She lived with two friends from Poland, on a shared double bed, in a house of Polish gypsies, the cheapest rent in London, & worked at the chip van, waiting for something better, a new life in another city, from Poland to NYC, working in a bakery and as a Polish nanny, and now here, in London, she was swollen, it’s the chips, I have to watch it, she said, no more chips, or salty sausages, at the chip van, not far from the South Bank, the customers thickened, especially on the weekends, and a man, ordering the usual, leaned in closer, what are you doing here luv, he said, & she looked over her shoulder, luv, he said, I can help you, he leaned in even closer, his wiry grey beard, slicked-back hair, & he held out his hand to her, it was older than his face, slightly speckled, the boss dumped a load and the chips sizzled, she couldn’t hear him, but his mouth was moving, when the chip sizzling levelled off there was silence, but something else moving, a soft smile on his face, a crease from his lips to the side of his eyes, something warming, slightly, inside her, & he pulled something from his pocket, leaned in even closer, I can help you, he said, his eyelashes curling like a camel, laying it out before her, the desert of her existence, close your eyes, he said, she made a curtain with her fingers, & when she opened them there was something there, in her hand, square and shining, a box, sweet velvets, no music, small gold horses, moving around & around.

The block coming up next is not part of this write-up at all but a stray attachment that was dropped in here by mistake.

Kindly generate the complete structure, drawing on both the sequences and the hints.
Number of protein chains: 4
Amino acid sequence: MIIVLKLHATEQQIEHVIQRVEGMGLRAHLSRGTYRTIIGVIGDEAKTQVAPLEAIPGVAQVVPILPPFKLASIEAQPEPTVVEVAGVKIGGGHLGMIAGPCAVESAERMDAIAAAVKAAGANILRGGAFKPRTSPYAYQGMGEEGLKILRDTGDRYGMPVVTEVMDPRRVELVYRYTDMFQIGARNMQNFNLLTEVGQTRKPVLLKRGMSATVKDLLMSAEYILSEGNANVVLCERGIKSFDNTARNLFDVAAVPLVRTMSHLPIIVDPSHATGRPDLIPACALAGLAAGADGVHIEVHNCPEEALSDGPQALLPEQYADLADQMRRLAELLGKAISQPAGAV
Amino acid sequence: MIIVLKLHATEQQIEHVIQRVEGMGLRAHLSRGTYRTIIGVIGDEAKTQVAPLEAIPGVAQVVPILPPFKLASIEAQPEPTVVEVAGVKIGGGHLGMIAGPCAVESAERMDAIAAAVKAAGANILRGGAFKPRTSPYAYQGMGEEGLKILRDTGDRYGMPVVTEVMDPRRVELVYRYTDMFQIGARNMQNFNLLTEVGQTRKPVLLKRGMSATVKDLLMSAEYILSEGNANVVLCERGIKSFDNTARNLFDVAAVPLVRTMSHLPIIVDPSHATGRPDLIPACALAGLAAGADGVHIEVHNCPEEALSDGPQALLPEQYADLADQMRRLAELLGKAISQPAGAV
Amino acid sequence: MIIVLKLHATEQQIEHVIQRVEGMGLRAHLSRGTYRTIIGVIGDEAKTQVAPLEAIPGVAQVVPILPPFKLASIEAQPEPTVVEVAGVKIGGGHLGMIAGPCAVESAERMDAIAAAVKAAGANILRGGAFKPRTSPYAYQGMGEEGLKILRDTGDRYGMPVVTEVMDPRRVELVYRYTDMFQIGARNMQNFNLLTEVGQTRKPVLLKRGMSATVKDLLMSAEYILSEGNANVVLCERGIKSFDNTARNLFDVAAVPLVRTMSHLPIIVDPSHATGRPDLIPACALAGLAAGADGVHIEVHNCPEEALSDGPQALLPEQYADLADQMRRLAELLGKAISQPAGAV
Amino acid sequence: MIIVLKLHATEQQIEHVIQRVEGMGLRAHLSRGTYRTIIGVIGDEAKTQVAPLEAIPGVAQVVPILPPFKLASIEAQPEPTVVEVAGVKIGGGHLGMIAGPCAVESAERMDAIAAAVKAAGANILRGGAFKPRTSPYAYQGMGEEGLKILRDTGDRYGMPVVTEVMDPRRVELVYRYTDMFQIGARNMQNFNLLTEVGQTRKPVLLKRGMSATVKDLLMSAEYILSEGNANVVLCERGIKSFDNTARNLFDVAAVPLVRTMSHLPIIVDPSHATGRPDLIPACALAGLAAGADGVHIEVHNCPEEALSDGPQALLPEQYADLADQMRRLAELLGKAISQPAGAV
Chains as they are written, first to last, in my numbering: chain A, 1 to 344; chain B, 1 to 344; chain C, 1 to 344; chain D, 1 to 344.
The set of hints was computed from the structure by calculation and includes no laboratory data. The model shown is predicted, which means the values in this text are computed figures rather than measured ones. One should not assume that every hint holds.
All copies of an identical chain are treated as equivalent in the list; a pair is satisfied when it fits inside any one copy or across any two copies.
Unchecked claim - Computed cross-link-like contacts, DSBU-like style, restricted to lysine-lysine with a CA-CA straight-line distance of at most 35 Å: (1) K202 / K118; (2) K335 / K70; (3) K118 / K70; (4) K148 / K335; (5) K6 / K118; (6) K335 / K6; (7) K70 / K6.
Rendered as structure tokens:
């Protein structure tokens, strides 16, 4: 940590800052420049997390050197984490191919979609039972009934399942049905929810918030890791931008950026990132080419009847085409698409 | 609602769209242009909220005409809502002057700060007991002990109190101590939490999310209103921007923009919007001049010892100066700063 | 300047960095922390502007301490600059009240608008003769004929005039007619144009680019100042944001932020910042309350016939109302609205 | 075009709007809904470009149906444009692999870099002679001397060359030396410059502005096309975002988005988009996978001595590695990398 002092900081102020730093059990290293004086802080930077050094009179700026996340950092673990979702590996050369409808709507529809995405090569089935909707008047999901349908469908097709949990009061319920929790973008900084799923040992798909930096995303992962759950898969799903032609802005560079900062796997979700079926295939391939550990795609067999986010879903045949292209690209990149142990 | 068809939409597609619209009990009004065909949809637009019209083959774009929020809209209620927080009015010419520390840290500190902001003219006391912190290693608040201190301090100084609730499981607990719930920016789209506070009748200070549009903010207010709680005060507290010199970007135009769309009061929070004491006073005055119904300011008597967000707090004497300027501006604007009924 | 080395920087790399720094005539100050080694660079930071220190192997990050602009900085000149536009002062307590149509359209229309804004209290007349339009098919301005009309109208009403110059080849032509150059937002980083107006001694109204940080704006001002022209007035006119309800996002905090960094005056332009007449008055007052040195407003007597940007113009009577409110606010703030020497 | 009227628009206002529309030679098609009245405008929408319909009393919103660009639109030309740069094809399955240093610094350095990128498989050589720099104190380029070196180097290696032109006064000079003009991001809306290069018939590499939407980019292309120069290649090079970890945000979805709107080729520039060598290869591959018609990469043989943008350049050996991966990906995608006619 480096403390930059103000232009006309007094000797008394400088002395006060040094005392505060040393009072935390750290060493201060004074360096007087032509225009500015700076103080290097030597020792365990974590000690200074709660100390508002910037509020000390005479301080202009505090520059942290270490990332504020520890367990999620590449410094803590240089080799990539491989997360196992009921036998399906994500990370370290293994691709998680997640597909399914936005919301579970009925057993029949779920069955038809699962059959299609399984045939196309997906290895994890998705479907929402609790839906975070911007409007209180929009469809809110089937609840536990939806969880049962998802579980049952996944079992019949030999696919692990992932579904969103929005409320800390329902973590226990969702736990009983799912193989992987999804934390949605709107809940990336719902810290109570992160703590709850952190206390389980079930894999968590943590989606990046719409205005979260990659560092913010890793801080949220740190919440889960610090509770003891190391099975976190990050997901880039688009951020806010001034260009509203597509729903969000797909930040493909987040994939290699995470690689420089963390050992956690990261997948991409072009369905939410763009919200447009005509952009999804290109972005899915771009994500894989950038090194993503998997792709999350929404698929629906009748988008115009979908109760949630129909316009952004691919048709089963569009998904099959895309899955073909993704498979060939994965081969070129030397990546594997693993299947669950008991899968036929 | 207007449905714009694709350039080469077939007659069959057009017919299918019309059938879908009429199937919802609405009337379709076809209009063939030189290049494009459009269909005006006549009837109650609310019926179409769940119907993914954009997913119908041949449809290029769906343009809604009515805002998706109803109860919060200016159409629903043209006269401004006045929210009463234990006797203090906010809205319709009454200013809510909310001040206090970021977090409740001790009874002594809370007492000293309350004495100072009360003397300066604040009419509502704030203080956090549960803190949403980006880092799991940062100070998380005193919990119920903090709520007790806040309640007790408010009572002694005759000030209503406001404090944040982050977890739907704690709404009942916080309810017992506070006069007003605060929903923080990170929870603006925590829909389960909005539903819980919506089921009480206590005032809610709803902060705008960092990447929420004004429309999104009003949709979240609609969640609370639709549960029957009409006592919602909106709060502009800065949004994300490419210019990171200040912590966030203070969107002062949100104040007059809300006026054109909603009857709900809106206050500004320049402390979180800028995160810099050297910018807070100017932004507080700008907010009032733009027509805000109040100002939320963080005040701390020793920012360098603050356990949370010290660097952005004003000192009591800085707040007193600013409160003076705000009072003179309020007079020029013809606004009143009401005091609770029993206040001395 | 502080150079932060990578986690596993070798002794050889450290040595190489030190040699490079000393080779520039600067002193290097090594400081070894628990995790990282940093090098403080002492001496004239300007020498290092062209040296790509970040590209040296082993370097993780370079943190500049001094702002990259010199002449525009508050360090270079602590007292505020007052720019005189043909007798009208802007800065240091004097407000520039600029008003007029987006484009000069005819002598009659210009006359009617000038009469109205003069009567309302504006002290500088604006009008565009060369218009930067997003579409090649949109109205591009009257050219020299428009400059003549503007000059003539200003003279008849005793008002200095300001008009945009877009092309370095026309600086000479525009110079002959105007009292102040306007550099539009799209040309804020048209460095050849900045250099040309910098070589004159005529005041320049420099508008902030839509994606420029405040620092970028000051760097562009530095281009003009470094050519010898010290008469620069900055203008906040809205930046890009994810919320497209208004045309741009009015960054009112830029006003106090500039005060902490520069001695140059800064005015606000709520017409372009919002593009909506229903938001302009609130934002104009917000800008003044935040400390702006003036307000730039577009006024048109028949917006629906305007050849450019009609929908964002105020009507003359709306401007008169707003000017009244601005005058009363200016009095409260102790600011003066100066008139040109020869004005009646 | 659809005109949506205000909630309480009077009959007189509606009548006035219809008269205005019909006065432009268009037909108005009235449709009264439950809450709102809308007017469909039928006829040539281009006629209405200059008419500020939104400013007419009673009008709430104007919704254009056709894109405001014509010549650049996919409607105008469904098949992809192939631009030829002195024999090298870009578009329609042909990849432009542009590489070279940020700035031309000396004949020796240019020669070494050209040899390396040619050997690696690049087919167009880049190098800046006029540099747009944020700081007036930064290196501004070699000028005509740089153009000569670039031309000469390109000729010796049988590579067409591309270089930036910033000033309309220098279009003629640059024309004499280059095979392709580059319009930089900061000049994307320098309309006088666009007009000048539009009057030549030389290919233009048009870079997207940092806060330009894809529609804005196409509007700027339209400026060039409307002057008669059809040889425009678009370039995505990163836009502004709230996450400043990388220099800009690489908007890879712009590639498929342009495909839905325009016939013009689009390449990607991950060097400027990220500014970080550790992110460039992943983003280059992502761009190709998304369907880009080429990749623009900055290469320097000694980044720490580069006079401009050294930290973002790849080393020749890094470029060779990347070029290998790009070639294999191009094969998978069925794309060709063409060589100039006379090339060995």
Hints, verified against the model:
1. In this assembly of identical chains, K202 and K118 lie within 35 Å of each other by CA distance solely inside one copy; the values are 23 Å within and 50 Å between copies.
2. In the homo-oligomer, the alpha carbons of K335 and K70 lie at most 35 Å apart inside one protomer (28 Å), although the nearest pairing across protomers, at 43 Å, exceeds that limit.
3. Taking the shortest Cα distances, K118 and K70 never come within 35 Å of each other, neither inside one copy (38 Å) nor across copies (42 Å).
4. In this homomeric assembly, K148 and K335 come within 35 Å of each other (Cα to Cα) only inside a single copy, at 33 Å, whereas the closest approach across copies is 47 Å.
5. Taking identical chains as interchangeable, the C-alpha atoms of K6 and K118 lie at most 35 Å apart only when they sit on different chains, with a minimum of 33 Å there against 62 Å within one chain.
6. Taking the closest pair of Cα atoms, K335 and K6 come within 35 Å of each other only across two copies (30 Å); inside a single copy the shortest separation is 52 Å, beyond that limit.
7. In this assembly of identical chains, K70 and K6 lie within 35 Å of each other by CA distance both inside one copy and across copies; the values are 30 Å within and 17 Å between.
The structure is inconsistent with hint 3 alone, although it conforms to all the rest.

Shout Out to a Decade Gone

Kevin Sterne

Shout out to when you were nineteen and punched your college roommate and broke his nose and school kicked you out so you moved back in with your parents who were getting a divorce but your dad still lived there and he’d still live there for a year or so or more until he got served and your mom slept in the spare room and he spent days in the chair watching TV and you took a job at the sub shop because Chipotle never called back and you needed to get paid to pay the lawyer to reduce your three felonies to one misdemeanor and all’s you got was thirty hours community service editing battle of the bands at the community access channel, and shout out to that kid smacking himself in the face with his shoe in front of the stage because that fucker was more alive than you’d felt in a year because your parents thought the best thing for you was a psychiatrist and a prescription for way too much Adderall so you became just like every other white kid from the suburbs, over prescribed on amphetamines, wishing it was the summer before when you spent every day driving and high or high and working or high after class at community college when your parents slept in the same room but the fighting was louder than the silence of them in different rooms and always would be even louder than the hiss hum hiss hum of his oxygen generator ten years later or his wrist when he kissed your mom’s hand right before they wheeled him to surgery for the transplant, but never as loud as the TV in the waiting room while you waited and waited for him to get his new lung.